WHEN CLAUSES CONFLICT
By: Jason A. Mosbaugh, Esq. - Cincinnati Office
Often, one of the largest obstacles to the recovery of a client’s subrogation claim is a lack of liability insurance by the tortfeasors. On the opposite side of the spectrum however if the tortfeasor is covered by multiple policies of insurance other issues can arise. Take for instance the case where an individual covered by his own automobile liability insurance policy is driving a vehicle owned by another also covered by an automobile liability insurance policy. If that driver and that vehicle get in a wreck causing injury to a third party, the question becomes which policy is responsible for paying the damages. Nearly any automobile liability insurance policy will contain what is commonly referred to as an “excess insurance clause.” The excess insurance clause states that the policy invoking the clause shall only be excess as to any other available insurance. In layman’s terms, the policy proclaims we will pay but only after any other insurers pay first.
The ubiquity of these clauses however often result in both policies attempting to subjugate themselves to second place while putting the other on the hook first. This is certainly not a new problem and the issue was once thought to be fully resolved by the Ohio Supreme Court in the decision entitled Buckeye Union Insurance Company v. State Automobile Mutual Insurance Company (1977) 49 Oh. St. 2d 213. The Ohio Supreme Court in that decision essentially held that the competing clauses effectively neutralized each other and the dueling insurers were left to share and share alike as to the apportionment of liability.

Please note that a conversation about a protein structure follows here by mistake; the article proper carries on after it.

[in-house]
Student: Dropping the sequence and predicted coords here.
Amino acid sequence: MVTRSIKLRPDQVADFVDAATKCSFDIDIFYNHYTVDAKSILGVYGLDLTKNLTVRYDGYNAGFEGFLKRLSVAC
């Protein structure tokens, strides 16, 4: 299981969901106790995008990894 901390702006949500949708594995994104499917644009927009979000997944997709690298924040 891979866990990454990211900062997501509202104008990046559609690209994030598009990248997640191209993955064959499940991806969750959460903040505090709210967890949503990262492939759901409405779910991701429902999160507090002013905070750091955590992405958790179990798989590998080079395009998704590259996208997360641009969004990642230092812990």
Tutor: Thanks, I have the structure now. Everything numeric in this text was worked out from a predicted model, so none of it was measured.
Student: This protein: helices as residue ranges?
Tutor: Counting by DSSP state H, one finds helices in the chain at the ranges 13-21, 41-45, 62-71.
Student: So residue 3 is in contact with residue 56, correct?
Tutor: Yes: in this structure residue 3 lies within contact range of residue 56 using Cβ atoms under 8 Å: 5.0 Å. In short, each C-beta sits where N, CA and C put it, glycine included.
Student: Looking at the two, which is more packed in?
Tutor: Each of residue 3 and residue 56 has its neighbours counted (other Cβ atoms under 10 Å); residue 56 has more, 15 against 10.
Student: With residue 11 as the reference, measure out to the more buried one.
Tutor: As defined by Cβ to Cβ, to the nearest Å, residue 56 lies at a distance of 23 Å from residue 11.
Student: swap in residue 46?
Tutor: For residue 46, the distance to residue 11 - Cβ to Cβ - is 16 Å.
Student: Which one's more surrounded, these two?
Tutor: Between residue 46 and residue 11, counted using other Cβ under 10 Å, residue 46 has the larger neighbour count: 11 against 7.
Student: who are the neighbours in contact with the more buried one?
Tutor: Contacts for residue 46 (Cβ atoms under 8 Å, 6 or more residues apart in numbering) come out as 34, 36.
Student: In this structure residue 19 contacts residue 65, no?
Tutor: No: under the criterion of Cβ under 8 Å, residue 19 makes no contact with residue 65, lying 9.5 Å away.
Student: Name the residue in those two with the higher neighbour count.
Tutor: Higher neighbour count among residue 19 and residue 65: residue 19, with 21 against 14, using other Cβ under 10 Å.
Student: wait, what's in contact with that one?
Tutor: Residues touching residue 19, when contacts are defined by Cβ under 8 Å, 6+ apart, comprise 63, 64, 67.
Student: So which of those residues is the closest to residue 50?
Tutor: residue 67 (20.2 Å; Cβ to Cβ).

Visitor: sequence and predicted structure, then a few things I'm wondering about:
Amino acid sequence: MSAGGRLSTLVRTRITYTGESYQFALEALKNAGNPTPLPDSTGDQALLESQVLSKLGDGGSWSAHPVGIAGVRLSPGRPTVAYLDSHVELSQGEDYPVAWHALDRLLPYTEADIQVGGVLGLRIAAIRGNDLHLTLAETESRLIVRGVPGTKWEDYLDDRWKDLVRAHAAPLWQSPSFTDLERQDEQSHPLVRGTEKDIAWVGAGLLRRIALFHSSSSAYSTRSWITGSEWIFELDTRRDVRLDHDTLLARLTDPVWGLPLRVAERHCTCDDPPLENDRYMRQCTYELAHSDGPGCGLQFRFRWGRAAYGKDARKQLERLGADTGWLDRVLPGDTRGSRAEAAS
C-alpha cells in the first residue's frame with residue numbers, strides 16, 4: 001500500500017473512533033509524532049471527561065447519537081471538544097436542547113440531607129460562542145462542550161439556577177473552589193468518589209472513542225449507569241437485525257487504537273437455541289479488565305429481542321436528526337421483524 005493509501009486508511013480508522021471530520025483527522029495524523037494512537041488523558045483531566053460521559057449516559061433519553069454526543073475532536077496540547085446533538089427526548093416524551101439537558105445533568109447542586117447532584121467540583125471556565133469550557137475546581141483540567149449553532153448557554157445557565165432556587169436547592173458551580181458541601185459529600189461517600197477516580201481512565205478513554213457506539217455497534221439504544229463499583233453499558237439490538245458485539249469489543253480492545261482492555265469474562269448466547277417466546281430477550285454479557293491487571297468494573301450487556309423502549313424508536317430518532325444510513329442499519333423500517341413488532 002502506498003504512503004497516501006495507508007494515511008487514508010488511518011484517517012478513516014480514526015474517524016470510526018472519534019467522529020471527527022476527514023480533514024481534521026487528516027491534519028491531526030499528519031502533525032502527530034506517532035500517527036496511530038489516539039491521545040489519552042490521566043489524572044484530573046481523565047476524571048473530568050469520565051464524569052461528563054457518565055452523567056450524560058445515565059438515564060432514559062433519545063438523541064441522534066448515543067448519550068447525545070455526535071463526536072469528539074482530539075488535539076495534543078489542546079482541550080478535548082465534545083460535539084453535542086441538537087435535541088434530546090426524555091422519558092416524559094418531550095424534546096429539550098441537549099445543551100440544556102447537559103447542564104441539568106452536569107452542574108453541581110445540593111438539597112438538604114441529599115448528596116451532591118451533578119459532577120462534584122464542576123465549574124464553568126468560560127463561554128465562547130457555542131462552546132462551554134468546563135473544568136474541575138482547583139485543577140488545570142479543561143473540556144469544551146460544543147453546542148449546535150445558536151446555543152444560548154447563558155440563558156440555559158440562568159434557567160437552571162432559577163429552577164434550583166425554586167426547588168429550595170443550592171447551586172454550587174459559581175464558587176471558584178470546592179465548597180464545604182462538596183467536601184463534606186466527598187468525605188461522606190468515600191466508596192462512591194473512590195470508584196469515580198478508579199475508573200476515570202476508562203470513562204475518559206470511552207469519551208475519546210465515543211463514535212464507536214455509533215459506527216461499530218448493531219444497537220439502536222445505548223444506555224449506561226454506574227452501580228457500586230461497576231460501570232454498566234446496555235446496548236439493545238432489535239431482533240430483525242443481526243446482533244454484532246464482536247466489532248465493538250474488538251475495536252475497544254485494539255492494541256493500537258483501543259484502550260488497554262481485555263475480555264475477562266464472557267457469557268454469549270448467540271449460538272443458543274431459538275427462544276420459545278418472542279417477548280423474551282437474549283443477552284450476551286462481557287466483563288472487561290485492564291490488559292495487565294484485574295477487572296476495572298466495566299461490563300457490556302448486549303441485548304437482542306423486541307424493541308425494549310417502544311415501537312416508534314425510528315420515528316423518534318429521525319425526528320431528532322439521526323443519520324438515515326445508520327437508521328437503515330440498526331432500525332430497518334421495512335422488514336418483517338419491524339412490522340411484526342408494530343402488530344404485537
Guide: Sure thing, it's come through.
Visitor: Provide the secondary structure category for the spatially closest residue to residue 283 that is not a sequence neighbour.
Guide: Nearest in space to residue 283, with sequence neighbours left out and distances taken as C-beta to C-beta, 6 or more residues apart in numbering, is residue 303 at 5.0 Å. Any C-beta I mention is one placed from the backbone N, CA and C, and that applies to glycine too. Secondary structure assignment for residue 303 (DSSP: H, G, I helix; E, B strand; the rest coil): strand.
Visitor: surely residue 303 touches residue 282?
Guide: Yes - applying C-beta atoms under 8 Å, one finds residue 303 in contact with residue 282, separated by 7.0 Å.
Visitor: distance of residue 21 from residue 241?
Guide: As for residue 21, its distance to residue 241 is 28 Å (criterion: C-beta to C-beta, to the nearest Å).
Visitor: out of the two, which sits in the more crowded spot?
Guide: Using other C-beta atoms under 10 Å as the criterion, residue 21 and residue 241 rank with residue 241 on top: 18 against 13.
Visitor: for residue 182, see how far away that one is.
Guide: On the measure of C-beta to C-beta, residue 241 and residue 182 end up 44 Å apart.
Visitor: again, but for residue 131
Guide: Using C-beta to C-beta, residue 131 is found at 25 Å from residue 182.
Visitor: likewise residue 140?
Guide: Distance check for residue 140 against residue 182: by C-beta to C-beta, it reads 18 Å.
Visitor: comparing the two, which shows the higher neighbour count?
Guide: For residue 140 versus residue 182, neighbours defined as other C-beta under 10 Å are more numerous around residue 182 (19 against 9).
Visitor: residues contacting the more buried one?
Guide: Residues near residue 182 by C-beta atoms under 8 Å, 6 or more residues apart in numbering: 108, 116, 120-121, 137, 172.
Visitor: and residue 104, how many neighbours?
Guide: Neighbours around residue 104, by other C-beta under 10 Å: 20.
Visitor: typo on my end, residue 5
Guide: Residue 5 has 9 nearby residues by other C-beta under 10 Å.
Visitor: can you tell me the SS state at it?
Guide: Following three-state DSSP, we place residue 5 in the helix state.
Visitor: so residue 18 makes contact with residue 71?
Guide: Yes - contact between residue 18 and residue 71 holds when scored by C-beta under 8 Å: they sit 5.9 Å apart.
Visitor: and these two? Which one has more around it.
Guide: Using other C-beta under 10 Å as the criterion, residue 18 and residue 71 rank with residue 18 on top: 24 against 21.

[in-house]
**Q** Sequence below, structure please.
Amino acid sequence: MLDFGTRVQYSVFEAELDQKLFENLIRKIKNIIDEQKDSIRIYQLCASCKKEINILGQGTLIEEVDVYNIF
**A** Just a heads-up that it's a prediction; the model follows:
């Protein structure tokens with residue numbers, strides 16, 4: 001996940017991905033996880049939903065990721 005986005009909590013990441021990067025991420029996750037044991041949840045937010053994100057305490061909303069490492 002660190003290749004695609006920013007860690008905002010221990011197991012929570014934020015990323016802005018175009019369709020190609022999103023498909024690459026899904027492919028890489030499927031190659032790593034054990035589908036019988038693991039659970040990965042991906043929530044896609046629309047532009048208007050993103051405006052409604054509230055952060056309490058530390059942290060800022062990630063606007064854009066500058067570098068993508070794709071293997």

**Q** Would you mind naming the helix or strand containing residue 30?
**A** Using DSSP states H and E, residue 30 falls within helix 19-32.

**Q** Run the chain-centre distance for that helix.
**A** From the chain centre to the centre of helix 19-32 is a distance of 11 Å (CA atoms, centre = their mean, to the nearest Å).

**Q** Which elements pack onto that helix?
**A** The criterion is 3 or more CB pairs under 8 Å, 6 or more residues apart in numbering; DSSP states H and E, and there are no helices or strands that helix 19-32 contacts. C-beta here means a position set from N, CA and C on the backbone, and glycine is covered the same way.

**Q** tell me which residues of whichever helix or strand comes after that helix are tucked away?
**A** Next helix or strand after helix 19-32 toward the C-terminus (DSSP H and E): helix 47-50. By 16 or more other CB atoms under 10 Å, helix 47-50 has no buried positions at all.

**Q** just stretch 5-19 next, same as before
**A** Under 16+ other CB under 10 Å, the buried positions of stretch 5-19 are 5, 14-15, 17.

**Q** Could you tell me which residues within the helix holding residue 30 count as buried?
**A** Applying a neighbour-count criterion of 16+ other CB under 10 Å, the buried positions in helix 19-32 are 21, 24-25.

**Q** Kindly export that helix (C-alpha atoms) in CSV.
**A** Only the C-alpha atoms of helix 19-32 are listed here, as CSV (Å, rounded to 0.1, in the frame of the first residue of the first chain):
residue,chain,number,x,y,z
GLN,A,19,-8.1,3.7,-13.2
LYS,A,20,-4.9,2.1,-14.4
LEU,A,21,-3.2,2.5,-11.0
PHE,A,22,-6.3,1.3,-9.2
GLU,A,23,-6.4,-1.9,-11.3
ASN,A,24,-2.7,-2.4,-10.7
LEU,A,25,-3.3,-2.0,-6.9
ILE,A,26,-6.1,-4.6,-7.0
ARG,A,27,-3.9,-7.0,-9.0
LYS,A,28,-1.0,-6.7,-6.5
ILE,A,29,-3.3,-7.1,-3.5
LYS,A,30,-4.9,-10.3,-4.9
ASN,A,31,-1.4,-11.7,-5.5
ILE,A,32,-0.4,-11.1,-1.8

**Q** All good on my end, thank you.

Following the Buckeye Union case however, certain insurers attempted to modify the language of their excess insurance clauses to avoid the effect in Buckeye Union. These insurers essentially attempted to strengthen the language of their excess insurance clauses to avoid the application of the Buckeye Union case. Until fairly recently, these issues had not yet been fully flushed out by higher courts however in the last year a number of appellate decisions appeared to have a final resolution of this issue. The Sixth Appellate District in the case of The Cincinnati Insurance Company v. The Motorists Mutual Insurance Company, 2010-Oh.-5176 (Oct. 22, 2010); Motorists Mutual Insurance Company v. Progressive Specialty Insurance, 2010-CV-01629 (Nov. 24, 2010) and Progressive Insurance Company v. Motorists Insurance Company CV-10-717046 (Aug. 20, 2010) have all in essence ruled that the Ohio Supreme Court’s precedent in Buckeye Union remains controlling regardless of alternations to the language of the excess insurance clauses by the various insurers. The rationale here is fairly obvious. The Court found that if the intent of each respective insurer is to subjugate itself to the other, the clauses essentially cancel each other out having no effect. In equity then, the remedy is a pro rata division of damages. The Court’s in these various decisions all pointed to the fact that if the above rationale was not extended insurers would effectively begin an arms race against one another for the next best policy language which would afford them opportunity to relegate themselves to second position. In other words, substance over form should prevail.
It should be noted that to this point the case law has exclusively depended on the interpretation of excess insurance clauses and automobile liability insurance policies. The effect on other policies including general commercial liability insurance policies and excess or umbrella insurance policies were not addressed by the Courts in the cases at hand.
In summary, in an automobile subrogation case where the tortfeasor is potentially insured by two automobile liability insurance policies, the Plaintiff should look to both insurers for contribution to be made whole. If either of the two insurers elects to front the total amount of the Plaintiff’s damages then that insurer has a strong argument that it is subrogated to the extent of its pro-rata share of liability against the non-paying insurer.